You can cruise the length of Ullswater lake on Ullswater Steamers which takes an hour each way, stopping at Glenridding, Howtown and Pooley Bridge. Frequent cruises per day between Easter and November, less outside that period. Daily cruises all year except 24th/25th December. Between Easter and end of October, plus February school holidays, there is an additional Aira Force Shuttle boat between Glenridding and Aira Force waterfall. A popular day trip is to combine a boat cruise with a walk between Pooley Bridge and Howtown, Glenridding and Howtown or Glenridding and Aira Force.
A popular lake for boating and scene of one of the most famous boating incidents in history – Donald Campbell’s ill fated water world speed record attempt in 1967. The surrounding scenery is breathtaking with Coniston mountain range to the north, Grizedale Forest to the east and bracken covered Common to the west. The main centre is at Coniston village, situated between the lake and Coniston Old Man mountain. Lake Road runs approx 0.5 miles from the village to Coniston jetty which is the centre for lake activities. There are many fabulous lakeshore access points around the lake, all easily accessible from the jetties where the cruises stop and from the footpaths and roads which follow the lakeshore.
Coniston Launch operate a number of different cruises around Coniston Water, starting from Coniston jetty.
Northern Cruise. Cruise around the northern half of Coniston Water, calling at Coniston, Coniston Inn (formerly Waterhead), Torver, Brantwood. There are regular cruises every day between February and November, outside that period a few cruises at weekends only. 45 minute cruise.
Wild Cat Island Cruise. Seasonal cruise around most of Coniston Water, passing Wild Cat Island from Swallows and Amazons. Calling at Coniston, Torver, Sunny Bank, Brantwood. A few cruises per day from Easter to November. 60 minute cruise.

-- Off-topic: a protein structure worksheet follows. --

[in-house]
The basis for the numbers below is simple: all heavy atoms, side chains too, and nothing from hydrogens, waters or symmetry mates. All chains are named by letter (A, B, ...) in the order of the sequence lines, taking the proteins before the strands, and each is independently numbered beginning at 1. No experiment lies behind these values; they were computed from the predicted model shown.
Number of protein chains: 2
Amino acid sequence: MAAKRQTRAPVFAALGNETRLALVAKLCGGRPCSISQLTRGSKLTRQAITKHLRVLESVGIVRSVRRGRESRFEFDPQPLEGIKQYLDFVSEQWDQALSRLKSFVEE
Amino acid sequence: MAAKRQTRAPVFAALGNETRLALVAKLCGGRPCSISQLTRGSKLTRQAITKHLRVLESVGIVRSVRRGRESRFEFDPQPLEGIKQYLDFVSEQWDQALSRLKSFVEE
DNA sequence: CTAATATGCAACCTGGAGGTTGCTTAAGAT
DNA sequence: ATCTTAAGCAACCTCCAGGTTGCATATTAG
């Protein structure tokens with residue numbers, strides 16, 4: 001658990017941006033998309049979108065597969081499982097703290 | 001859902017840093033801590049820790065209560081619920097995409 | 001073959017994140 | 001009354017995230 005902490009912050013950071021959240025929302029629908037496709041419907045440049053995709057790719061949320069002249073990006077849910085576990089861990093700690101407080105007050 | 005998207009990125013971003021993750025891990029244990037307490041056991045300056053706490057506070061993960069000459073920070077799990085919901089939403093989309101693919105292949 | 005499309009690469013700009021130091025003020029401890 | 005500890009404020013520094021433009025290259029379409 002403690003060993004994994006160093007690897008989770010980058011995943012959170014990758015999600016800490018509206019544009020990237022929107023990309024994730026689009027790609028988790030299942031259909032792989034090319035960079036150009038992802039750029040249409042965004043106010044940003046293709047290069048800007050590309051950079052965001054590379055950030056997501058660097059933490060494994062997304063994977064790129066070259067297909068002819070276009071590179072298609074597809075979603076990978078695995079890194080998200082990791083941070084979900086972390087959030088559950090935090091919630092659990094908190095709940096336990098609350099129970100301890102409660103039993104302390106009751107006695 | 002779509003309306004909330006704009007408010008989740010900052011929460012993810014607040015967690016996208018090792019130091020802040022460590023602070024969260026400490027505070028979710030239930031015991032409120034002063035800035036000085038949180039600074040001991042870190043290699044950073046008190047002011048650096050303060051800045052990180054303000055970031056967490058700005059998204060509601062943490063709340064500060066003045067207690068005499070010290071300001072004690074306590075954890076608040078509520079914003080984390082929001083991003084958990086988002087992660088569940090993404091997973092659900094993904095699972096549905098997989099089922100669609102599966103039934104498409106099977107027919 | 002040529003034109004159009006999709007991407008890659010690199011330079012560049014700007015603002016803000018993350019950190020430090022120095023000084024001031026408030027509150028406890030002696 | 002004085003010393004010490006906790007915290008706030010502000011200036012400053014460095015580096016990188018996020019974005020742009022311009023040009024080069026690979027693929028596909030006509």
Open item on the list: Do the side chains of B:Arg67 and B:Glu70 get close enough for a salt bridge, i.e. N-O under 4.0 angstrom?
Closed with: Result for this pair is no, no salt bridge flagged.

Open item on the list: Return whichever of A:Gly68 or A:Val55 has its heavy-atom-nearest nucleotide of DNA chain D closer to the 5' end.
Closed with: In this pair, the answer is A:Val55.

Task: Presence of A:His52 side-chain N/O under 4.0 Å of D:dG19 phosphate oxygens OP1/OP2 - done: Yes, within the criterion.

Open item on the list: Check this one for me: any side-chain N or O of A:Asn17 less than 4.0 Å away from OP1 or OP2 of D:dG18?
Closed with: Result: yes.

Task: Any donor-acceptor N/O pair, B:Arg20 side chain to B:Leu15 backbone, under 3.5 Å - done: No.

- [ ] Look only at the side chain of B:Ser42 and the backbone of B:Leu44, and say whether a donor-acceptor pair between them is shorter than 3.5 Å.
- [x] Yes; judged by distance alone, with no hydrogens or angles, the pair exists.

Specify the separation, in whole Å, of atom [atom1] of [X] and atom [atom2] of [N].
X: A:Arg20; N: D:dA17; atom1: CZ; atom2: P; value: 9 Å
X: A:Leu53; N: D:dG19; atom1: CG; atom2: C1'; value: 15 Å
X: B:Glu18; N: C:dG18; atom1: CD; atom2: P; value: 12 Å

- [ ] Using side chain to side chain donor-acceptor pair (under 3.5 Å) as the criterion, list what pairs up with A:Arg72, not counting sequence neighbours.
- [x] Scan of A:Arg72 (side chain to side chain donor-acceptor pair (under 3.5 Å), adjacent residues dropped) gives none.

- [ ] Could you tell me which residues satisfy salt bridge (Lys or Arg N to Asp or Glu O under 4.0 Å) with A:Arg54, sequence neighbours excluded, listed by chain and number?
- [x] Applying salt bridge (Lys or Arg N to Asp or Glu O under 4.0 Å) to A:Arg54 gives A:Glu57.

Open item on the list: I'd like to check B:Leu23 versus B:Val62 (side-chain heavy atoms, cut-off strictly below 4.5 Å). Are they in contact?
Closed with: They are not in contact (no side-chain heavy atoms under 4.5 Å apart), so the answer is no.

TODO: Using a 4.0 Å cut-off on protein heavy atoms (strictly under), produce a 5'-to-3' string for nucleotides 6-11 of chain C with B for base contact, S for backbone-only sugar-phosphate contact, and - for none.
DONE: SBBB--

Southern Lake Themed Cruise. Seasonal cruise around the whole of Coniston Water, calling at Coniston, Torver, Lake Bank, Sunny Bank, Brantwood. One cruise every day from May to September, Monday to Thursday only from Easter to May and towards end of September. Alternate themed trips, Swallows and Amazons or Campbells on Coniston. 90 minute cruise.
Steam Yacht Gondola
The famous and beautiful Steam Yacht Gondola is a rebuilt Victorian steam powered yacht, originally built in 1859 and now operated by the National Trust. There are 3 cruises on offer between Easter and end October but none outside that period. Cruises start from Coniston jetty and include commentary.
North Lake Cruise. Seasonal cruise around the northern half of Coniston Water from Coniston with request stops at Brantwood and Monk Coniston. One cruise per day, except Fridays, between Easter and end October. 1 hour cruise.
Heart of the Lake Cruise. Seasonal cruise around the central part of Coniston Water from Coniston with request stops at Parkamoor and Brantwood. One cruise per day, except Fridays, between Easter and end October. Also operates Fridays in summer school holidays. 1 hour cruise.
Full Lake Cruise. Seasonal cruise around the whole of Coniston Water from Coniston with request stops at Lake Bank, Parkamoor, Brantwood and Monk Coniston. One cruise per day, except Fridays, between Easter and end October. Also operates Fridays in summer school holidays. 1 hour 40 minutes cruise.